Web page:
STOCKTON — The only things missing from the first day of the San Francisco 49ers’ training camp were the projected 100-degree temperatures — and first-round draft pick Mike Rumph.
The 49ers kicked off the NFL’s second-earliest camp on Monday under gorgeous conditions at the University of the Pacific. Terrell Owens was smiling, Jeff Garcia was completely healthy and general manager Terry Donahue was in good spirits even without Rumph, one of just two draft picks who haven’t signed.
But even Rumph’s absence wasn’t enough to cause big problems as the 49ers began eight days of workouts before their trip to Japan to play the Washington Redskins in the Osaka Dome.
Unlike past seasons, when every top draft choice was expected to contribute immediately to a rebuilding club, these 49ers are already rebuilt.
“We’ve been looking forward to having increased expectations,” coach Steve Mariucci said. “For two or three years, we were in such a rebuilding mode. We’ve gone through that, and now we have many pieces of the puzzle together.”
Rumph isn’t expected to be more than a nickel back this season, but his negotiations with the 49ers bogged down on Monday, Donahue said. Since so few first-round picks have signed yet, it’s difficult to assess the former Miami star’s market value.
“He gets a little further behind with each passing moment,” Mariucci said.
The only other rookie remaining unsigned is defensive lineman Josh Shaw, a sixth-round pick from Michigan State who’s still recovering from a knee injury.
But the rest of the Niners seemed to be enjoying what has been an unusual luxury in recent seasons — familiarity with their teammates and their game plan. Twenty of San Francisco’s 22 starters returned from last year’s 12-4 playoff season, with Pro Bowl guard Ron Stone and safety Tony Parrish the only newcomers immediately slated as starters.
“We know the whole playbook already,” defensive tackle Dana Stubblefield said. “It’s really just refreshing our minds. In the team meetings (defensive coordinator) Jim Mora flew through all the defenses we put in. We pretty much knew them already.”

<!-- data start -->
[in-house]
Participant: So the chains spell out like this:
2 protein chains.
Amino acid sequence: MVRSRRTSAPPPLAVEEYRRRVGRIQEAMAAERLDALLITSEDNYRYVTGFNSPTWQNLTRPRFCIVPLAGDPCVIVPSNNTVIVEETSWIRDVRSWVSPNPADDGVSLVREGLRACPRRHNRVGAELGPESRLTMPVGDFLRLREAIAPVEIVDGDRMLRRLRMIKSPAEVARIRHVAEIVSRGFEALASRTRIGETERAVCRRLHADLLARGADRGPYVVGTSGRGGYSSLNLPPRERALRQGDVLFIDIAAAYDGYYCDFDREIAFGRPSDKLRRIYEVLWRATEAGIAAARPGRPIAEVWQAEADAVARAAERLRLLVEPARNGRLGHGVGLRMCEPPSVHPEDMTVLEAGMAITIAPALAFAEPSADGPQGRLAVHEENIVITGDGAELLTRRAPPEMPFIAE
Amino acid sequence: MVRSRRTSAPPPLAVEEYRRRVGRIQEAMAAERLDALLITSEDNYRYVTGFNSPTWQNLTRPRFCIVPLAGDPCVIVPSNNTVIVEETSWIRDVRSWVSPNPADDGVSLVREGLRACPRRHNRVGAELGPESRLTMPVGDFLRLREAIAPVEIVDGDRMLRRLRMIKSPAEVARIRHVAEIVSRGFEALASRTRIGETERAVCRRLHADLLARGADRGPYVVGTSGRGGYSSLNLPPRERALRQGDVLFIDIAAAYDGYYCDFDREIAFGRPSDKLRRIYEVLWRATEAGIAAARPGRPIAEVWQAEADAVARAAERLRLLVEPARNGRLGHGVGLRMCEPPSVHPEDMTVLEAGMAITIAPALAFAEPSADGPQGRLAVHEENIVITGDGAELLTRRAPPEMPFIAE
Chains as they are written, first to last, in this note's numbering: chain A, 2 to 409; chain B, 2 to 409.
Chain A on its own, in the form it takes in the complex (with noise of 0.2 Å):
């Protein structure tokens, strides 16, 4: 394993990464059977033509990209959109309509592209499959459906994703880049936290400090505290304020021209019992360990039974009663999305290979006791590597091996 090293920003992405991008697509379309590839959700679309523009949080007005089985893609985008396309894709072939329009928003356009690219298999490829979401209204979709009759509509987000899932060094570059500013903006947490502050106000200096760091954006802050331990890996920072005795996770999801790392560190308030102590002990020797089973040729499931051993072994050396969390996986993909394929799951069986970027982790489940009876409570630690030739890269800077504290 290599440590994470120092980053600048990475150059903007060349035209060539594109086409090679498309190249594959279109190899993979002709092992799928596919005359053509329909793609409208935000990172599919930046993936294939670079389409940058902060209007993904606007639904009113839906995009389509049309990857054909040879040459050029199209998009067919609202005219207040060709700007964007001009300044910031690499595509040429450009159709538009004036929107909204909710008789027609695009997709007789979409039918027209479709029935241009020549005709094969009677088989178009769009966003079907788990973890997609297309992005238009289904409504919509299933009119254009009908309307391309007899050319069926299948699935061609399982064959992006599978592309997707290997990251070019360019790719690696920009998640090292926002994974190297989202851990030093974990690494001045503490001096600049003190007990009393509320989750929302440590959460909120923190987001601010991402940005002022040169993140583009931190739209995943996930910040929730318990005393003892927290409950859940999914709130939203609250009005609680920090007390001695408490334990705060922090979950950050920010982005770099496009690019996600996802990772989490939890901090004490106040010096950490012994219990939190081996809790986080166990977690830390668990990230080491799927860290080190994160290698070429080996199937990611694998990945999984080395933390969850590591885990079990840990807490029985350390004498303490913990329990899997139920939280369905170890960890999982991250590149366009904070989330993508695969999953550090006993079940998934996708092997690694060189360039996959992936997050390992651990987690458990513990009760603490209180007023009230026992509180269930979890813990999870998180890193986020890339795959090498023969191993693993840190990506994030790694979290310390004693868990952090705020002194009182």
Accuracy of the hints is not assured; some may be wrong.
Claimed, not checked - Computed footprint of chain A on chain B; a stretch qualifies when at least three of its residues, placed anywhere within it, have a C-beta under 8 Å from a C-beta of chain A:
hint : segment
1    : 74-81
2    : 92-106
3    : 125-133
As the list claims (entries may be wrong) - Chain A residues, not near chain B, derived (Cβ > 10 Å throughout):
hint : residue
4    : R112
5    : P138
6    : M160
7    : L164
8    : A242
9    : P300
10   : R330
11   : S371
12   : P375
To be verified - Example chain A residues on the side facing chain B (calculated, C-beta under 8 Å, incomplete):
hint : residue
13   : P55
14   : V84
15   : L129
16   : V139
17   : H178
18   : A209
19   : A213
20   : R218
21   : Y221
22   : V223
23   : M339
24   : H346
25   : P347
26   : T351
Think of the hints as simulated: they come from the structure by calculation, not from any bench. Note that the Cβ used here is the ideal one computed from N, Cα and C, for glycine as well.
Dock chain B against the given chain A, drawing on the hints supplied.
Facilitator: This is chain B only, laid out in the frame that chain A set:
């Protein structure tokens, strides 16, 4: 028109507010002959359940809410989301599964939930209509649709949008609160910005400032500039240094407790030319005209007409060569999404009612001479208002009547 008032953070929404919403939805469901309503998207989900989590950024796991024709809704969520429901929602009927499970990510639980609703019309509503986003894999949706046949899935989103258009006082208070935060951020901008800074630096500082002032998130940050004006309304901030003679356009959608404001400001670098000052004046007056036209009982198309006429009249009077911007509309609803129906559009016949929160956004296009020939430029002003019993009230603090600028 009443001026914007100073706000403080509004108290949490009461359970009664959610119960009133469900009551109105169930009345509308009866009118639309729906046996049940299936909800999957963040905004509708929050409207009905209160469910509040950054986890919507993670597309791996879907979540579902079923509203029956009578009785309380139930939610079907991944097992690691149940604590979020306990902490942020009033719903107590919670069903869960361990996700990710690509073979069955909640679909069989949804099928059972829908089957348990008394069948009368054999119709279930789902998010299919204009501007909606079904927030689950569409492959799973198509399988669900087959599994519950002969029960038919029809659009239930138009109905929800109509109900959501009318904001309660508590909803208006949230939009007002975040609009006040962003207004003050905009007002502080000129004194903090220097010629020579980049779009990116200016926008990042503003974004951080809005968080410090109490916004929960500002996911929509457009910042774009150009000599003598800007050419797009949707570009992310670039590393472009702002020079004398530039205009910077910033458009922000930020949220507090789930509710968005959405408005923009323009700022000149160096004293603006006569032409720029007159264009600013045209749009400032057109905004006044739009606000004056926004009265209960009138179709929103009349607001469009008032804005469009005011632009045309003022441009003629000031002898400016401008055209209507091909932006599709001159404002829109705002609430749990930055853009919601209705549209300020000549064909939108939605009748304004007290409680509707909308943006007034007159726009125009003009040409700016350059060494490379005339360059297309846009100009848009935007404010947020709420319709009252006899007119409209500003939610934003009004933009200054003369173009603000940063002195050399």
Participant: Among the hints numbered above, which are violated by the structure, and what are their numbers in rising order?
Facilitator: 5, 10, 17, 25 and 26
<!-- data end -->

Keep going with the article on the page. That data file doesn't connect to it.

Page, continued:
Stubblefield helped keep that familiarity fresh by calling his defensive teammates and persuading nearly all of them to spend weeks worth of offseason workouts at the 49ers’ training complex in Santa Clara.
The 49ers wore shoulder pads and helmets during afternoon workouts, but those couldn’t hide the smile on Owens’ face. The mercurial All-Pro receiver pronounced himself finished with minor league basketball “for six months, at least” and even spoke of becoming a team leader this season.
“A couple of friends told me I’ll have to step up a little bit, and I’ll try to take that role,” Owens said. “There are going to be times when I might have to say something, but at the same time, I’m going to perform, and let my leadership come from that.”
It was yet another change of tactic for Owens, who has bemoaned his lack of friends on the 49ers’ roster in the past. But with Owens’ volatile relationship with Mariucci simmering on low for now, the talented wideout seemed happy and healthy — even though he claimed to be “overweight” despite a minuscule body fat percentage.
“We’ve already ironed that out, and it’s in the closet,” Owens said of his disagreements with Mariucci. “It’s not even an issue. It’s not on my mind. We’re thinking about other things.
“Guys around here are hungry. They’re hungry for wins and for a championship. It’s been a while since people were like that around here.”